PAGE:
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Helicobacter pylori and upper gastrointestinal disease: a survey of gastroenterologists in the United Kingdom.
  1. R Milne,
  2. R P Logan,
  3. D Harwood,
  4. J J Misiewicz,
  5. D Forman
  1. Department of Public Health and Primary Care, Oxford University, Radcliffe Infirmary.

    Abstract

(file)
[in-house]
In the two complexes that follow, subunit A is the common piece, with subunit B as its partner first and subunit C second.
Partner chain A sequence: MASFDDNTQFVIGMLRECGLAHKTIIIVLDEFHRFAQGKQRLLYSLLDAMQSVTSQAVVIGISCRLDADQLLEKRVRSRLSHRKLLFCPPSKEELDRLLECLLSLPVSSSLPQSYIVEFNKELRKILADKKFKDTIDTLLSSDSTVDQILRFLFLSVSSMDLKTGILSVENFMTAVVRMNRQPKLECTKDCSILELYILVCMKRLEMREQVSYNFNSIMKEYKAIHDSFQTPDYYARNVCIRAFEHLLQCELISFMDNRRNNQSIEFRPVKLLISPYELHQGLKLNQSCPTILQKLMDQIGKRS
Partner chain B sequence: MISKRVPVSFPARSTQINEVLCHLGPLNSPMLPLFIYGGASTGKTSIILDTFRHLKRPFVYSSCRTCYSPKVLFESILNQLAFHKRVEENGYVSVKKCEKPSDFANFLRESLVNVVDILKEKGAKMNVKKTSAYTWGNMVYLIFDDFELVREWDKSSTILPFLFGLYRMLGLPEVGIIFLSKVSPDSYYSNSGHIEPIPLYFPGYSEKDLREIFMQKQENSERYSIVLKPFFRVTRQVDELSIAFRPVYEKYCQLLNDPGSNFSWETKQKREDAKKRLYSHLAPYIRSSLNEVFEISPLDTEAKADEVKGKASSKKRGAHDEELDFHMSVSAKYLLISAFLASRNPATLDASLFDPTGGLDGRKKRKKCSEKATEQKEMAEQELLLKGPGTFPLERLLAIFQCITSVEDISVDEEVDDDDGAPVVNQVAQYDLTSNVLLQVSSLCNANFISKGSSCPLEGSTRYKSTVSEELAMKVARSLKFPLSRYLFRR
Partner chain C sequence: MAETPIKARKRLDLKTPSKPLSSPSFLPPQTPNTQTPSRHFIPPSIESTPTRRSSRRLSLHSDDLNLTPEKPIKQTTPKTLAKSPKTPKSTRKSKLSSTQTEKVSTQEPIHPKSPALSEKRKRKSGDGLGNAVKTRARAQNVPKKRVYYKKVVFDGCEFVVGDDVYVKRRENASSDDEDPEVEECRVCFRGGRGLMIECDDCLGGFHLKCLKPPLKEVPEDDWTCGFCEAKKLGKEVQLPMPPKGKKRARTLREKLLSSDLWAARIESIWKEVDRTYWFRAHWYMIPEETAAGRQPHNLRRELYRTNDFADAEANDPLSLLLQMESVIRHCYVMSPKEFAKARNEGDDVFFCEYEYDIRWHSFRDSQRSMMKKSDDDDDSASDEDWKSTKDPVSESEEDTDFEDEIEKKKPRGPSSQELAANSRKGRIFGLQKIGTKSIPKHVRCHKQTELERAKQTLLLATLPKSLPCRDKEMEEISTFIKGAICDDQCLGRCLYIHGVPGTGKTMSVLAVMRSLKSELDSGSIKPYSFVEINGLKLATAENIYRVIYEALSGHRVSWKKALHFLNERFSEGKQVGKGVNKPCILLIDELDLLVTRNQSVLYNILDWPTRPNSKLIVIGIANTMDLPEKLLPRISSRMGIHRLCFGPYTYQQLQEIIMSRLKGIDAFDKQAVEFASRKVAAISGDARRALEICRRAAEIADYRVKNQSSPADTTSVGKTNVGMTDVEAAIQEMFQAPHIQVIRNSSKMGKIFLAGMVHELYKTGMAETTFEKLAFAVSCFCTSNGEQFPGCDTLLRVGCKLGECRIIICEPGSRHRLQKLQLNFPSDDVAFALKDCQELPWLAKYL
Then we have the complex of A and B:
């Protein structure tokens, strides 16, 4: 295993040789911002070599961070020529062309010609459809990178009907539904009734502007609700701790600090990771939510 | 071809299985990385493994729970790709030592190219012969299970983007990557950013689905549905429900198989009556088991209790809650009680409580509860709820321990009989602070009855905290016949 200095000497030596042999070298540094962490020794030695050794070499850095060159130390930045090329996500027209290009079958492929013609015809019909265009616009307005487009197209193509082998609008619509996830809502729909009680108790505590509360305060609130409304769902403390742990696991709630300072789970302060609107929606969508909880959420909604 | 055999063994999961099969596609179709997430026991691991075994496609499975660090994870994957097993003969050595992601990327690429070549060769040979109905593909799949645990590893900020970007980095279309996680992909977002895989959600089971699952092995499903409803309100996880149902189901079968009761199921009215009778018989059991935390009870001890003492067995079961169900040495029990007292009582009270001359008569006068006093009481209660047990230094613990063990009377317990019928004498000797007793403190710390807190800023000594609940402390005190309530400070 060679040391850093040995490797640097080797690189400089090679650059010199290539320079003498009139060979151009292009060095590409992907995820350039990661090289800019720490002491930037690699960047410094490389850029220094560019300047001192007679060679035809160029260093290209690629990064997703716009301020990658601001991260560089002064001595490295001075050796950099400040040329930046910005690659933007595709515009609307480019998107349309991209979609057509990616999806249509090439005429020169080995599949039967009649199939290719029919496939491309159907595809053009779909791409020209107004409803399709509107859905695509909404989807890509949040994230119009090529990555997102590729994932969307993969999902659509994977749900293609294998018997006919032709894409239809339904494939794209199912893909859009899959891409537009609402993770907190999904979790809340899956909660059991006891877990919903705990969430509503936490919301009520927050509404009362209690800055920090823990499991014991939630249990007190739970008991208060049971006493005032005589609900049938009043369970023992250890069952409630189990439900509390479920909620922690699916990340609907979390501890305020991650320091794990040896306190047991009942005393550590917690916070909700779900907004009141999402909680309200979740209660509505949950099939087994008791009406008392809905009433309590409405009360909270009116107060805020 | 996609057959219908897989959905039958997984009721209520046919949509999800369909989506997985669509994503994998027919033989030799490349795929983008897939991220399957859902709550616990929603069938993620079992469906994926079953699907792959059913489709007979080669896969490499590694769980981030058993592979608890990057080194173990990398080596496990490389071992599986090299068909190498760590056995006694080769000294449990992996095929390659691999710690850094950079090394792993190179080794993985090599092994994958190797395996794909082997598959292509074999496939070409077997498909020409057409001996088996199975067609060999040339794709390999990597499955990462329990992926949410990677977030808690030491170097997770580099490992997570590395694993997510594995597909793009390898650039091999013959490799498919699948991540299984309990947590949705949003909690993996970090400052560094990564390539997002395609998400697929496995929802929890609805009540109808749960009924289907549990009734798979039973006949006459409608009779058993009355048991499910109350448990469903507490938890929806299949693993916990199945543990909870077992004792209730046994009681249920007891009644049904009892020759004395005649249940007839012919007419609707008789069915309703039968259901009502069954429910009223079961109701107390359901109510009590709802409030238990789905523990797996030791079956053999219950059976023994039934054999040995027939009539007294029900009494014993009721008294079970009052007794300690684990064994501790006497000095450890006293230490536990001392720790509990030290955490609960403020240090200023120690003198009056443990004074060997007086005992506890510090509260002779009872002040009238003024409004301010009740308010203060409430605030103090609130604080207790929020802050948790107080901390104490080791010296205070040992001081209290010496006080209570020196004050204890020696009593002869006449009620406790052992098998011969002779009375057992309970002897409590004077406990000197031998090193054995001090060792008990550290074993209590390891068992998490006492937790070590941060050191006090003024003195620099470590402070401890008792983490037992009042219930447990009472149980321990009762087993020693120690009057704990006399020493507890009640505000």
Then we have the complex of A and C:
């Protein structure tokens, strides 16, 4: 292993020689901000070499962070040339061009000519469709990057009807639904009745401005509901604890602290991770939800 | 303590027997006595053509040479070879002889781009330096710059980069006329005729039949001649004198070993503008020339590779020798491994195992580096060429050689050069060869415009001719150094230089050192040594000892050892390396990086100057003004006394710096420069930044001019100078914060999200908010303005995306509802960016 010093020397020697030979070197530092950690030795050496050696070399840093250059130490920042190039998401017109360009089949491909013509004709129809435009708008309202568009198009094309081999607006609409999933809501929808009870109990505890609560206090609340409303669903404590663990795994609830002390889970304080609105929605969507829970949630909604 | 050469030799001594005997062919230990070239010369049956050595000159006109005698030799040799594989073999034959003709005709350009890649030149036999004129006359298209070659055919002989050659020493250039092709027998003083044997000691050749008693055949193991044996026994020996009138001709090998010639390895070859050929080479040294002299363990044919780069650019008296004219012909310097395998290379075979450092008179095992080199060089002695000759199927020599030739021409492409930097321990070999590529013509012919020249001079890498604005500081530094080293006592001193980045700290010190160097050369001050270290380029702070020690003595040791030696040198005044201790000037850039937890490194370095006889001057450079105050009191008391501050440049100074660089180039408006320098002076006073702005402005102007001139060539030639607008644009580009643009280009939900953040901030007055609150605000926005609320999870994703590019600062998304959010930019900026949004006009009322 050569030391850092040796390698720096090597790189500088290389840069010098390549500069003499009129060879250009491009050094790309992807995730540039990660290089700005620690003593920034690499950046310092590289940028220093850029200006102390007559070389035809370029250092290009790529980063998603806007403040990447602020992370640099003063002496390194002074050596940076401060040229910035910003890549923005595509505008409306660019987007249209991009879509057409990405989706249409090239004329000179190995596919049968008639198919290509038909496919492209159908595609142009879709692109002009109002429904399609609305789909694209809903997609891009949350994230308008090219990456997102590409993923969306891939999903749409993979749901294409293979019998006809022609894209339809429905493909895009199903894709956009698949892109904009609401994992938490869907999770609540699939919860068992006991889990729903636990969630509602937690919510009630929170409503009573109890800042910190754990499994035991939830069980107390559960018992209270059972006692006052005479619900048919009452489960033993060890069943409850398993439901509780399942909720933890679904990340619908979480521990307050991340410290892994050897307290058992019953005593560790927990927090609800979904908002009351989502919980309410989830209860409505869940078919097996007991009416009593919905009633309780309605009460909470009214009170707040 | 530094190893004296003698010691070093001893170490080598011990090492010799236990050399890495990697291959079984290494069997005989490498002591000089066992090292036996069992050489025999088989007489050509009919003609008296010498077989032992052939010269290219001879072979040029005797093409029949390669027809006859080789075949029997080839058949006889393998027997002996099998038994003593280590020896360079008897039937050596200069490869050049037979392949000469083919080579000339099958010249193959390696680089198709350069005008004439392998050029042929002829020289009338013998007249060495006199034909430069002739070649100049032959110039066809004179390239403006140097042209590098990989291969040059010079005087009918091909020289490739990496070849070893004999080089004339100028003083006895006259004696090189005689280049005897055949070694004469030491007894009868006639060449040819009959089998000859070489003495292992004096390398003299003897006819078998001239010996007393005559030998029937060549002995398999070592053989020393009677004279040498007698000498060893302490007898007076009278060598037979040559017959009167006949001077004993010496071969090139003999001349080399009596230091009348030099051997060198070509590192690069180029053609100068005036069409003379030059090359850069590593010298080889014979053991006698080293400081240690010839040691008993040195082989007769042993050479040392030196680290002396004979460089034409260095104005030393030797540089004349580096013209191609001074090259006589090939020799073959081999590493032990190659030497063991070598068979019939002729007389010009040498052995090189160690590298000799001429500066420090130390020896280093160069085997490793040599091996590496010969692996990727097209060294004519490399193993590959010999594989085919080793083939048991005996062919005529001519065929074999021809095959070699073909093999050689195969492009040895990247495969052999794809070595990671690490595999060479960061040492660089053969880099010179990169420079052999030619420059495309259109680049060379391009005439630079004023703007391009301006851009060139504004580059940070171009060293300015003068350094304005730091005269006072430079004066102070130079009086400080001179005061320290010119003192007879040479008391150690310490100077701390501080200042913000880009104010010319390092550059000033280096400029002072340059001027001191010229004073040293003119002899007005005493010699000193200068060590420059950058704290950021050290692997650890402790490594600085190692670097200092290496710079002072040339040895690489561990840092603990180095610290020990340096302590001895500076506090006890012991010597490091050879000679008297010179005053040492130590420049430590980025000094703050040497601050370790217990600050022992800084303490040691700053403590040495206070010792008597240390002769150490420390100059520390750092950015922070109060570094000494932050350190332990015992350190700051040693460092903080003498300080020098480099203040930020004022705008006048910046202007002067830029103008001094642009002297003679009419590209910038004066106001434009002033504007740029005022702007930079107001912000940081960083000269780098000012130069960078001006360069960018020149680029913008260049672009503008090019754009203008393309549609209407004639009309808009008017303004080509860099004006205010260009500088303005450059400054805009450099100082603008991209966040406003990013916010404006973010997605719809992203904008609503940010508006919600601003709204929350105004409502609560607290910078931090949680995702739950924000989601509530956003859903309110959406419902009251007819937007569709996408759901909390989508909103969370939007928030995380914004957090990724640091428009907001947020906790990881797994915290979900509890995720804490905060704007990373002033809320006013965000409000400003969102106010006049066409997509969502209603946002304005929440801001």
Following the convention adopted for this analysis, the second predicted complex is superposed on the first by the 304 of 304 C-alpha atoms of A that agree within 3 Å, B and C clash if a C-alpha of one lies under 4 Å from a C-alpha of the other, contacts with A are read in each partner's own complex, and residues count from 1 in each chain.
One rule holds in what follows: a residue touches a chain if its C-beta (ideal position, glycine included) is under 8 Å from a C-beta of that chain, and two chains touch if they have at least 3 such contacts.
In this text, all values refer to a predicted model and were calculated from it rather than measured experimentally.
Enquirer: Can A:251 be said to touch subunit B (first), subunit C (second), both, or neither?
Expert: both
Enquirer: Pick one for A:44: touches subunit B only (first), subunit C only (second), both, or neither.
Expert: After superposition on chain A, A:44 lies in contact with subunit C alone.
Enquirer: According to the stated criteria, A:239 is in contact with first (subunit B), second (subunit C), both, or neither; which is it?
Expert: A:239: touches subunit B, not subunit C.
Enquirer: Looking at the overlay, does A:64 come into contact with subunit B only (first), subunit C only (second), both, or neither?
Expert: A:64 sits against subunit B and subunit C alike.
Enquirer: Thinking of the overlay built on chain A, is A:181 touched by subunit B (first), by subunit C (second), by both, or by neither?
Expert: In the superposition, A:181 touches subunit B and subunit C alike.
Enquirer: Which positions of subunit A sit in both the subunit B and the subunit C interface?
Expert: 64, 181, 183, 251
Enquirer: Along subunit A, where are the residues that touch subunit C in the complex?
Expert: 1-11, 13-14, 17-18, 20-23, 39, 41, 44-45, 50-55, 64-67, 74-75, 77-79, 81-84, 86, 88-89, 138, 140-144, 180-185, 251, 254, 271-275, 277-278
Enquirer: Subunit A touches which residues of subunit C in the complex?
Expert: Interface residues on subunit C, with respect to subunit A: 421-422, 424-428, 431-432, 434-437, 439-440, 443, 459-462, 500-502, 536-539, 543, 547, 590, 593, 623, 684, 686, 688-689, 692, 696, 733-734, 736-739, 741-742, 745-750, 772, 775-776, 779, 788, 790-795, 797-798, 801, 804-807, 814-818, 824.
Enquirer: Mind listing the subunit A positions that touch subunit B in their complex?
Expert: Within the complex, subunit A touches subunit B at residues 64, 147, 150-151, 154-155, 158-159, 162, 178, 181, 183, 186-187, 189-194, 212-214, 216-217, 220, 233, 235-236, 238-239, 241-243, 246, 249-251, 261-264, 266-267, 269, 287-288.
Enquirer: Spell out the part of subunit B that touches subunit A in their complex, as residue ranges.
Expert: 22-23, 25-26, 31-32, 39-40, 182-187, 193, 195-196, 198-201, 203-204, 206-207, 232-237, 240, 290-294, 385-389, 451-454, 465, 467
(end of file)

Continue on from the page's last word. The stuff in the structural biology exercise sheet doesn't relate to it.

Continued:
The objective of this study was to conduct a survey of the opinions and practices of gastroenterologists in the United Kingdom concerning the impact of Helicobacter pylori infection on the management of upper gastrointestinal diseases. A postal questionnaire was sent to all medically qualified members of the British Society of Gastroenterology working in the UK. Replies were received from 670 of 1037 eligible BSG members (65%). Of these, 73% thought that H pylori was a cause of duodenal ulcer and 84% thought that eradication of H pylori decreased ulcer recurrence in comparison with acid suppression. While 80% used anti-H pylori therapy for a chronic relapsing duodenal ulcer, only 25% used such therapy for an ulcer at first presentation and 17% never used anti-H pylori therapy for patients with duodenal ulcer. Although 75% of respondents did not agree that H pylori was a cause of non-ulcer dyspepsia, 69% used anti-H pylori therapy to treat a patient with this condition. At the time of the survey, 69% of those who used anti-H pylori therapy adopted some variant of standard triple therapy. Only 7% routinely tested for bacterial sensitivity to antibiotics and only 22% assessed their patients for eradication after treatment. There was a lack of consensus about whether H pylori was a cause of gastric ulcer or gastric cancer with only 47% and 17% respectively believing in these associations. In conclusion, at the time of the survey, the use of anti-H pylori therapy had been accepted by a majority of specialist UK gastroenterologists in the management of upper gastrointestinal disease. There was, however, a substantial degree of uncertainty and divergence about which patients should be treated.

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